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Climate Change Concerns Impact the Financial Sector



Climate Change Concerns Impact the Financial Sector

A significant number of us have retirement funds or life insurance, to which we may contribute a portion of our monthly salary income. However, we seldom ever know where our money is being invested. We just have faith that the financial system has prudently invested our savings and that we will have access to the necessary resources when the time comes. However, neither the exact location of our investments nor the legal framework that financial institutions are subject to are known to us.

The agreement that emerged from COP28, which took place in the United Arab Emirates in November and December of 2023, urged governments, banks, investors, and other financial players to use “climate disclosures” as an essential first step in gaining access to climate finance for all regions and industries. Additionally, this was proposed so that depositors could understand exactly what was happening with their investments and savings.

The resolution represented a global recognition of the pressing necessity of coordinating sustainability initiatives with private organizations to hasten the ongoing development of fresh and creative funding sources for climate action.

For these and other reasons, the findings of the Latin American Climate Assets Disclosure Initiative (LACADI), which was carried out with the assistance of specialists from the Global Sustainability Standards Board (GSSB), examined the developments of 48 institutional investors that are active in Peru, Mexico, and Colombia. These investors include nine pension funds, seventeen insurance companies, and twenty-two asset managers. It is crucial to determine the needs for capacity and support while making sure that Latin American investors disclose the risks and opportunities that climate change presents in their portfolios clearly and understandably. The LACADI 2023 Ranking is based on the state of the implementation of international recommendations to achieve climate disclosure.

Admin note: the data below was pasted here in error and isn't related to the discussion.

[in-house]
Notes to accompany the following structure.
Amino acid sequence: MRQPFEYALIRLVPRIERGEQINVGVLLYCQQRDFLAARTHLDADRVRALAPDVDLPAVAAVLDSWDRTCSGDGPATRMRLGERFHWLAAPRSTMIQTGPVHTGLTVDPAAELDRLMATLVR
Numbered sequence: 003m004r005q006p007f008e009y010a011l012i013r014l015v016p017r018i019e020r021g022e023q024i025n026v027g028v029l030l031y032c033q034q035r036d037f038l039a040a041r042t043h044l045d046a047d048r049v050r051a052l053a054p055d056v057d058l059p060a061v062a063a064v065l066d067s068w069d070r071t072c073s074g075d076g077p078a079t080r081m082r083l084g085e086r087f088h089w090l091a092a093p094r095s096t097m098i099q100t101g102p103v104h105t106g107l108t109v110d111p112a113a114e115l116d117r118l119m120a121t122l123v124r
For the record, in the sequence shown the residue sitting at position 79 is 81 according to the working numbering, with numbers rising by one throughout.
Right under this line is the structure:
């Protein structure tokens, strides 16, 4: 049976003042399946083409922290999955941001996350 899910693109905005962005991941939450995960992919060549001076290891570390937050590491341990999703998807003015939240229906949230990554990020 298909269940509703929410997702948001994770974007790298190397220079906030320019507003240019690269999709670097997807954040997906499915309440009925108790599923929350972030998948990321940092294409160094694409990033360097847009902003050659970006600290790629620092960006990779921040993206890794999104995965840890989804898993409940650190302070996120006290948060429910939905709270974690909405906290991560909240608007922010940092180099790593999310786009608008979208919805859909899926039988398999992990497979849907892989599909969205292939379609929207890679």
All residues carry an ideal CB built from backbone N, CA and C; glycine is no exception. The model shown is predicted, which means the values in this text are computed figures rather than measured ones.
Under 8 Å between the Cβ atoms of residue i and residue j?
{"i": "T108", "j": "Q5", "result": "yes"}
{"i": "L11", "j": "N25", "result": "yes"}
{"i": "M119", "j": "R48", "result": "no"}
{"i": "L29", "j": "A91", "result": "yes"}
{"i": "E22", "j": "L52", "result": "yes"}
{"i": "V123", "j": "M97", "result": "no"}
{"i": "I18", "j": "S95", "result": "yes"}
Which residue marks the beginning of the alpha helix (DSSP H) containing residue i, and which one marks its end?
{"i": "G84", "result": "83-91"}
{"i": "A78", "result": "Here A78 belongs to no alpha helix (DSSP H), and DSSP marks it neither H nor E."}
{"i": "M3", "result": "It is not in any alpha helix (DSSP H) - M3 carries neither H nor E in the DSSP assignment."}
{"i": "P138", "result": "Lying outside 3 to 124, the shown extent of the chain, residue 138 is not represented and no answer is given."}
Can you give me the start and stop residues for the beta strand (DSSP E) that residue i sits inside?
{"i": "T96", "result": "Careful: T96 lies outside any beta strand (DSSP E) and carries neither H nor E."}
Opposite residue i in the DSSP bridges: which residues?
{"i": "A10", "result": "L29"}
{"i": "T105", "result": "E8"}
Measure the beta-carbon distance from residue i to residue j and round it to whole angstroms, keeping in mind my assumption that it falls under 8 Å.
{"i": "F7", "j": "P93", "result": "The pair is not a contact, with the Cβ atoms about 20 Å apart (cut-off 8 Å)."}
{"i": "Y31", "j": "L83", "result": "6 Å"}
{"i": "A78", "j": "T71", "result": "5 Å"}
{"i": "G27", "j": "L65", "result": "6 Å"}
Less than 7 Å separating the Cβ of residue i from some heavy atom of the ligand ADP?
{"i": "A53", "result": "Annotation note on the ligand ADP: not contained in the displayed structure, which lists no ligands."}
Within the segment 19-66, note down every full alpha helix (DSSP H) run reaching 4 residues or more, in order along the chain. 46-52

The ranking’s participants account for 21% of pension and insurance assets in Colombia and 19% in Mexico. Over 90% of reported assets in Peru are made up of participants.

The ranking’s conclusions show that, in Colombia, Mexico, and Peru, 78% of pension fund administrators (AFPs), 35% of insurers, and 68% of other asset managers do not account for the risks associated with climate change in their financial planning. As the effects of climate change become more apparent, our investments’ final destination and the accountability of these financial players ought to be our top priorities. This is due to both the opportunities provided by portfolio decarbonization and the financial risks associated with the effects of the climate crisis.

Numerous companies and investors in Latin America have been getting ready for a changing climate. Nevertheless, this ranking shows that the data provided by the financial industry in the region isn’t costed, traceable, or comprehensive enough. It’s also only available in Spanish, which isn’t fully compatible with the AI-based search engines that are being used. Gaining a better understanding of the efforts being made by these regional players could help to diversify the economy, identify areas that need support, boost investment confidence, and redirect and increase resources allocated to climate change.

Information must flow from the region to the global level while acknowledging the difficulties and determining the required support for financial actors in Latin America. This should be predicated on a plan that recognizes that although the business and financial sectors are adhering to international standards for disclosure, there are still significant gaps in the way investor strategies account for climate risks. Investors from Latin America need to work together in a way that is evident to the rest of the world.

The era of lectures is over, nearly 10 years after the Paris Agreement was ratified.

Investors and entrepreneurs must make proactive green proposals. Moving toward resilient and carbon-neutral economies also requires coherent regulations. To do this, we need to focus on three important areas:

  • Clearly define factors that have a tangible impact on society as new, clean, sustainable, and decarbonized investment portfolios.
  • The creation of particular mechanisms and pathways that create diversified and environmentally friendly markets, and activate profitable sustainable investments and alternatives.
  • Encourage a logical and attainable regulatory framework. Regulation is the strongest trigger there is. But when it comes to climate disclosures, cooperation between the regulated companies and the government is essential.

All of us can bring about meaningful change, whether we are investors, pensioners, policyholders, or just general financial consumers. We have the power to insist that the financial organizations handling our savings make investments in a safe future. We need to make sure that financial institutions take into account the opportunities and risks involved in the shift to renewable energy and climate-sustainable technologies, and that our resources aren’t stifled by out-of-date investments. It’s also time to push Latin America—including its financial industry—to the forefront of the global climate movement.

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